There are, from a quick google search, approximately sixty lizard species in Arizona. As far as I can tell, I’ve seen one kind. Not so sure I want to meet any of the other kinds. A little too Jurassic Park if you ask me.

What a friendly face.

What a friendly face.

The Geico gecko sounds like a good conversationalist with some wit and snark and might be fun to do lunch with. I’m pretty sure he’s a California lizard, although his accent is tough to pinpoint. You know those Hollywood types…

Speaking of talking lizards, here’s a lizard joke for you. (Laughter is one of our ‘extreme heat’ coping mechanisms around here.)

The devout cowboy lost his favorite Bible while he was mending fences out on the range. Three weeks later, a lizard walked up to him carrying the Bible in its mouth. The cowboy couldn’t believe his eyes. He took the precious book out of the lizard’s mouth, raised his eyes heavenward and exclaimed, “It’s a miracle!” “Not really,” said the lizard. “Your name is written inside the cover.” ~ jokes4us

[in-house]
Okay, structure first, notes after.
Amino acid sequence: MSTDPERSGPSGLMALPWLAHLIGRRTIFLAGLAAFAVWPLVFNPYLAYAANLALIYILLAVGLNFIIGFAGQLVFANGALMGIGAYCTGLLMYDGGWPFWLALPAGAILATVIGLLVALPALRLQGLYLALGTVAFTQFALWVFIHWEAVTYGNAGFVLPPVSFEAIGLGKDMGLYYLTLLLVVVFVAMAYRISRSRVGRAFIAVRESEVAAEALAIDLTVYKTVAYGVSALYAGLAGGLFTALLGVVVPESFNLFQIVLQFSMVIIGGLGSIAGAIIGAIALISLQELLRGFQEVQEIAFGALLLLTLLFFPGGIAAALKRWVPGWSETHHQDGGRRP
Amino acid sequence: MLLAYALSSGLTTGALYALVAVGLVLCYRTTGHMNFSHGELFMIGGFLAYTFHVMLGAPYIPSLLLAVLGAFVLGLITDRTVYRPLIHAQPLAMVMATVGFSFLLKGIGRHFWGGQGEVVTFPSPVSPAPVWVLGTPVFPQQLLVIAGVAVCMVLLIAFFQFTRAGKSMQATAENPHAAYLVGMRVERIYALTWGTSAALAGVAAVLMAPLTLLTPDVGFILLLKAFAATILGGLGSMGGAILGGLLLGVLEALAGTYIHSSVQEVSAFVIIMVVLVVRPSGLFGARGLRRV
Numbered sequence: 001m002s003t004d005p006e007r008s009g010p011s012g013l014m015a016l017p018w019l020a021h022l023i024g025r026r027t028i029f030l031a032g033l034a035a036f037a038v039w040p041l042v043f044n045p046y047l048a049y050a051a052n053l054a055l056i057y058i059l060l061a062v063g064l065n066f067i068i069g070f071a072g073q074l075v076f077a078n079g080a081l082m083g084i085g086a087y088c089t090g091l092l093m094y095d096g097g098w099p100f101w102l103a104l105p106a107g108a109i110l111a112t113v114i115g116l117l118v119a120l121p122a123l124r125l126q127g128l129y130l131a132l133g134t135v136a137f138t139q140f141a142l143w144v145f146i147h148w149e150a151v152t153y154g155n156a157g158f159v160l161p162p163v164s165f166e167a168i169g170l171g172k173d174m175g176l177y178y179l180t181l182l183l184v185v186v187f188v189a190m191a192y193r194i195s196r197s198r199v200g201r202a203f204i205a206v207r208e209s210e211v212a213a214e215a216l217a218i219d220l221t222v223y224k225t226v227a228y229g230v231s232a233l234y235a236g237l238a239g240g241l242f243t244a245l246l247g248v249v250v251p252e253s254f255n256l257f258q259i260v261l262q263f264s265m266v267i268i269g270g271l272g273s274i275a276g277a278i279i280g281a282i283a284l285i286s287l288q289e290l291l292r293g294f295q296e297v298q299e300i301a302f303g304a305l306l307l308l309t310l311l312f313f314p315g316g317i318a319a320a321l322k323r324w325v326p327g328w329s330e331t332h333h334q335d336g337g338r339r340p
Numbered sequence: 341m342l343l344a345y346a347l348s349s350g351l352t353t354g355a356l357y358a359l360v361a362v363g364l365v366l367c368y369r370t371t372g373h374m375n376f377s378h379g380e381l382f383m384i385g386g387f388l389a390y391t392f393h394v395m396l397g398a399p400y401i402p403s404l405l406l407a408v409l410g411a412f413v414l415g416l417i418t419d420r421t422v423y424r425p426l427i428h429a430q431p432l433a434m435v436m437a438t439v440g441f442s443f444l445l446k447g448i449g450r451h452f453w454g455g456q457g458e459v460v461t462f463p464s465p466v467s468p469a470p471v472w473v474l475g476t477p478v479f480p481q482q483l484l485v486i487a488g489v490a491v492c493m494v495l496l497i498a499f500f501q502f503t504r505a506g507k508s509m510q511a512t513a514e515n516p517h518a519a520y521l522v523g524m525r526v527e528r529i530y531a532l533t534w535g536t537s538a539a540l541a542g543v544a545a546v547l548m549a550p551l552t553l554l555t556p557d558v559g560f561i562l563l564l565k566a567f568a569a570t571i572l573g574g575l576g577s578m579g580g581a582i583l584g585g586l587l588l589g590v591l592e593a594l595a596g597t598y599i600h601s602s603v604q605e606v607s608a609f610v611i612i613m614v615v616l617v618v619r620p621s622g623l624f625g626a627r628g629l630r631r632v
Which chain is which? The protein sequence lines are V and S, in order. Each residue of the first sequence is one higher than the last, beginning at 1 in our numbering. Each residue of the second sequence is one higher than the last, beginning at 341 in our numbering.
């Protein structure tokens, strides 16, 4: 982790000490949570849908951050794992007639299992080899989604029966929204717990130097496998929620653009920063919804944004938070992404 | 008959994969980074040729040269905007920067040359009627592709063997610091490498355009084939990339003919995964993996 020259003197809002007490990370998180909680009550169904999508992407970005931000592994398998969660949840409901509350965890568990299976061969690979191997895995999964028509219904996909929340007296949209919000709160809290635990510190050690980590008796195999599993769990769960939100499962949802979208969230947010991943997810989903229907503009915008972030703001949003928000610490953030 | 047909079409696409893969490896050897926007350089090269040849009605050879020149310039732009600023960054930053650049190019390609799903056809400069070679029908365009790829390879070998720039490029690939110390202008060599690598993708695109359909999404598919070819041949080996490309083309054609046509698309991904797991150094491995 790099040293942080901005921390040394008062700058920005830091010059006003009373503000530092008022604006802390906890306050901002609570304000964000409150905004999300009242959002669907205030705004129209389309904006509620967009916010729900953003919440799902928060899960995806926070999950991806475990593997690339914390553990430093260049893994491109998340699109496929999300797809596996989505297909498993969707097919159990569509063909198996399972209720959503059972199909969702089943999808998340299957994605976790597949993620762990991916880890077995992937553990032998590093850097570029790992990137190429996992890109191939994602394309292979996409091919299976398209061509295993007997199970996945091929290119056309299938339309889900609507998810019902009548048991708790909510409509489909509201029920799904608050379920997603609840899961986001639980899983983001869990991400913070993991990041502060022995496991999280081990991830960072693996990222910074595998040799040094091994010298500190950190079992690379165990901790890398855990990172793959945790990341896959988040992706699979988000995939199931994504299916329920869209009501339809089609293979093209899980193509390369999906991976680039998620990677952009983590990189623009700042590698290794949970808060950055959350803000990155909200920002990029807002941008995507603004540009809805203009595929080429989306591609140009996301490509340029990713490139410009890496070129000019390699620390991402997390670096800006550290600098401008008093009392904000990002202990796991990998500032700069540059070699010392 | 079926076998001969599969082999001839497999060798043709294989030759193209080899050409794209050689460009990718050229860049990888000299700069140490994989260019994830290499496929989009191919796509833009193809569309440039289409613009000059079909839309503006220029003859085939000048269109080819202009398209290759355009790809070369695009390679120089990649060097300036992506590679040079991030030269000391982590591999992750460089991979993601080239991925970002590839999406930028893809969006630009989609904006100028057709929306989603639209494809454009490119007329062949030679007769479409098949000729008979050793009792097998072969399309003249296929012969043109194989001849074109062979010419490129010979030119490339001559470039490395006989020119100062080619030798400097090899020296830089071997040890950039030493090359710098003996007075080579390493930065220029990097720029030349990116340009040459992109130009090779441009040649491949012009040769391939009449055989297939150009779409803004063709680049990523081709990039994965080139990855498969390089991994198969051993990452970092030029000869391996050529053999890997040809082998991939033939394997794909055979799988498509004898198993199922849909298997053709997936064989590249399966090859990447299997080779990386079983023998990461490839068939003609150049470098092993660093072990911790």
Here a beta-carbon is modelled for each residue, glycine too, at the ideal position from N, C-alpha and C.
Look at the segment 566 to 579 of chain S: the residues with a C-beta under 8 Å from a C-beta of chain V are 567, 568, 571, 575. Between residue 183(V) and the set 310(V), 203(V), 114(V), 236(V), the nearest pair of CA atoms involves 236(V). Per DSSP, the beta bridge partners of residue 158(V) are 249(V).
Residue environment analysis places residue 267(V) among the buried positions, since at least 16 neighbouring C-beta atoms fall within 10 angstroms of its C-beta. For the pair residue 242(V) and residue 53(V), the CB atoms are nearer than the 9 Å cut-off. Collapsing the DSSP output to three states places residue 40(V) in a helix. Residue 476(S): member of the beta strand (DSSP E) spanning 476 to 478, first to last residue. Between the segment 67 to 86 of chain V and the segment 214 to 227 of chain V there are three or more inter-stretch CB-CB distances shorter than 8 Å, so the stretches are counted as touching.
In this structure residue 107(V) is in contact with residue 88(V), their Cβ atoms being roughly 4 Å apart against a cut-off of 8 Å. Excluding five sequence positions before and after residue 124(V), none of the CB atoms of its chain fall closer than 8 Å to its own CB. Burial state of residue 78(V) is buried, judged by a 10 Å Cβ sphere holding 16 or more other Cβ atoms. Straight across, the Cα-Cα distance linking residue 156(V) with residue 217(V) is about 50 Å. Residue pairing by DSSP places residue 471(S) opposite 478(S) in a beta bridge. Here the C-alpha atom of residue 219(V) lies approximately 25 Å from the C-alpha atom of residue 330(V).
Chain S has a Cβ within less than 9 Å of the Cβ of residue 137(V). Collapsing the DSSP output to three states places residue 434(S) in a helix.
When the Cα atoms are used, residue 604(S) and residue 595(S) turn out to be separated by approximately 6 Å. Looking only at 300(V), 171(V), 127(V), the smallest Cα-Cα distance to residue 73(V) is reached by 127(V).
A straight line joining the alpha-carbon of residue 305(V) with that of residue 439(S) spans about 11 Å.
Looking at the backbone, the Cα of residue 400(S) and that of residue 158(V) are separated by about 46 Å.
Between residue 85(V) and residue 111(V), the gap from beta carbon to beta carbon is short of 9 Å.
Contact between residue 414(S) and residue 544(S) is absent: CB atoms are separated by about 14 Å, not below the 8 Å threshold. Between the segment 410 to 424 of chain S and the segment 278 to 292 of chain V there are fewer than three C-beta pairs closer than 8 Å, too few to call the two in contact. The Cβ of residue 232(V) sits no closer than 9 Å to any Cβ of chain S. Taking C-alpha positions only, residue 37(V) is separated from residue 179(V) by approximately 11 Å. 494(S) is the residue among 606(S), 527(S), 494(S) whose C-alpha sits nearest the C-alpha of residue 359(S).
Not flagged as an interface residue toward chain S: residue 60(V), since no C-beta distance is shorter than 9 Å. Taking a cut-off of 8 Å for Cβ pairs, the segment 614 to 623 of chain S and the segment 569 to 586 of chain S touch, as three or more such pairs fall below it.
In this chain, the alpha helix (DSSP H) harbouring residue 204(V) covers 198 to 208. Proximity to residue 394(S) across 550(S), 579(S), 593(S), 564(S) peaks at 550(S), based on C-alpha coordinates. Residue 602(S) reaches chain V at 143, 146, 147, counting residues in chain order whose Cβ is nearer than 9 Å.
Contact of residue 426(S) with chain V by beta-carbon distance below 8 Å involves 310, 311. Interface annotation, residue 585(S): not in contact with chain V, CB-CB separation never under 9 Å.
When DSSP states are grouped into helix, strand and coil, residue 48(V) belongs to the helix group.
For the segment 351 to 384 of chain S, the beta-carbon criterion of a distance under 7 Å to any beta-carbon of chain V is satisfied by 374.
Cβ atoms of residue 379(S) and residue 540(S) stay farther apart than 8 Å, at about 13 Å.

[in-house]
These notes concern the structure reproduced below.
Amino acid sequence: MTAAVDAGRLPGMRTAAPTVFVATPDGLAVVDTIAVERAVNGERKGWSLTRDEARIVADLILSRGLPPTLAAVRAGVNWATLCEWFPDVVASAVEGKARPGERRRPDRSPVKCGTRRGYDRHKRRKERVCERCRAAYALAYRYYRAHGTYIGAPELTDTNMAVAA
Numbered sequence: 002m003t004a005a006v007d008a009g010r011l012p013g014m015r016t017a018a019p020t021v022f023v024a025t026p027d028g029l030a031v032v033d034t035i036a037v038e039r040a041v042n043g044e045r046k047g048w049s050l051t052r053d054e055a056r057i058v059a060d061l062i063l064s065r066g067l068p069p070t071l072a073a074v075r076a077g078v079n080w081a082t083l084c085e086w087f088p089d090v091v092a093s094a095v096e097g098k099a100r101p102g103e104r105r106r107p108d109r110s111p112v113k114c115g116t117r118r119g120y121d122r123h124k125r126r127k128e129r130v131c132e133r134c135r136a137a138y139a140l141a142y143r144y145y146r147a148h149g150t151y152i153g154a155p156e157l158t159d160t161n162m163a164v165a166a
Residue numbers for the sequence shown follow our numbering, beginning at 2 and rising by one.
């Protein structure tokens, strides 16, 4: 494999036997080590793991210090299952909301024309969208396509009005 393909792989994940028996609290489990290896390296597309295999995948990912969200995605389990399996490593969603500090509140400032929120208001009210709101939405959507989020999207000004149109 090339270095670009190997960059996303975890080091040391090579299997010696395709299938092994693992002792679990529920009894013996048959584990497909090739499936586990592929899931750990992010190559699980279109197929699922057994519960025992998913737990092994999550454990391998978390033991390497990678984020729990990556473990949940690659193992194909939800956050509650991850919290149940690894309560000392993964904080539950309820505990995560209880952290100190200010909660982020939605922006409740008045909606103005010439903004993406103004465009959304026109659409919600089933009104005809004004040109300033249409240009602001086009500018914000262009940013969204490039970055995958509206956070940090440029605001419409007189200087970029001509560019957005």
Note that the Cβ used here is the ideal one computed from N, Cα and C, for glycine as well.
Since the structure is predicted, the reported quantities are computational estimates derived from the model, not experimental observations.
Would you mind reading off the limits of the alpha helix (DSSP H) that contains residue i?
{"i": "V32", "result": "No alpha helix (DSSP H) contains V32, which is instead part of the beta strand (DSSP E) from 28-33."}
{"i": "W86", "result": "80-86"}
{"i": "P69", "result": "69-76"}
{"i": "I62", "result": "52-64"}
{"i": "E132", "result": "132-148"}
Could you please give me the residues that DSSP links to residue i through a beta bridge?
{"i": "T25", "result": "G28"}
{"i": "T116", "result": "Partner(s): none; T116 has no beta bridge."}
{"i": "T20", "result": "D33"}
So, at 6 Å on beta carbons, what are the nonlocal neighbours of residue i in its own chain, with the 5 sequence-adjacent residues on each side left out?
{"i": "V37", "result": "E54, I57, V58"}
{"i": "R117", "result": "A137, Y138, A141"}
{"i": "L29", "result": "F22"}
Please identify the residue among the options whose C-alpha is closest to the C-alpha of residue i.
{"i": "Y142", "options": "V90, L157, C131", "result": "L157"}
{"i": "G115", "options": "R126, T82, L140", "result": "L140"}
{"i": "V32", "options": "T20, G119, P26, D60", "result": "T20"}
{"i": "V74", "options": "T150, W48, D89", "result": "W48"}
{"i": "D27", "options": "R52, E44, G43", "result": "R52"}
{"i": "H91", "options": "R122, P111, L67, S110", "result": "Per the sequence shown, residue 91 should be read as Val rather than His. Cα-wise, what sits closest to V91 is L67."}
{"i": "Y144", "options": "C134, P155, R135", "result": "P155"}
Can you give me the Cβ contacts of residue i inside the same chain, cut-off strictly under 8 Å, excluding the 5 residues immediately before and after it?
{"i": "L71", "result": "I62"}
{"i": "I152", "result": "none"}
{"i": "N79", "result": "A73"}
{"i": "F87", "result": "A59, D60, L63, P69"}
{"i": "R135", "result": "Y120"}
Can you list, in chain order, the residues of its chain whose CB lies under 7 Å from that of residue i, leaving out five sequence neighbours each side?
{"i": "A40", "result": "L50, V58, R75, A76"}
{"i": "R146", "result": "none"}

Did you know lizards can regrow their tails? Yup. It’s a fact. I suppose that’s handy when your tail is as long as your body and tends to drag a bit. Cats, kids and birds all want to grab at you and they’re most likely going to snatch at your tail. That’s gotta sting a bit when it snaps off. I’m sure there’s some amazing biology involved in that whole process.

funny-lizard-bungee-jump

Don’t try this at home.

 

Sometimes I wonder if my cathartic laughter isn’t actually a little maniacal. The heat here wears on a person. Just the thought of the upcoming incessant thrumming of above one hundred five degree temperatures gives me a headache and makes me thirsty.

We haven’t hit the century mark yet, so I’m getting ahead of myself. Seventeen years here and I still haven’t figured out how to do the snow bird thing. That’d be nice. Or boring. Who wants the same weather year round anyway? Oh yeah, Floridians, Californians, Arizonans. Aliens.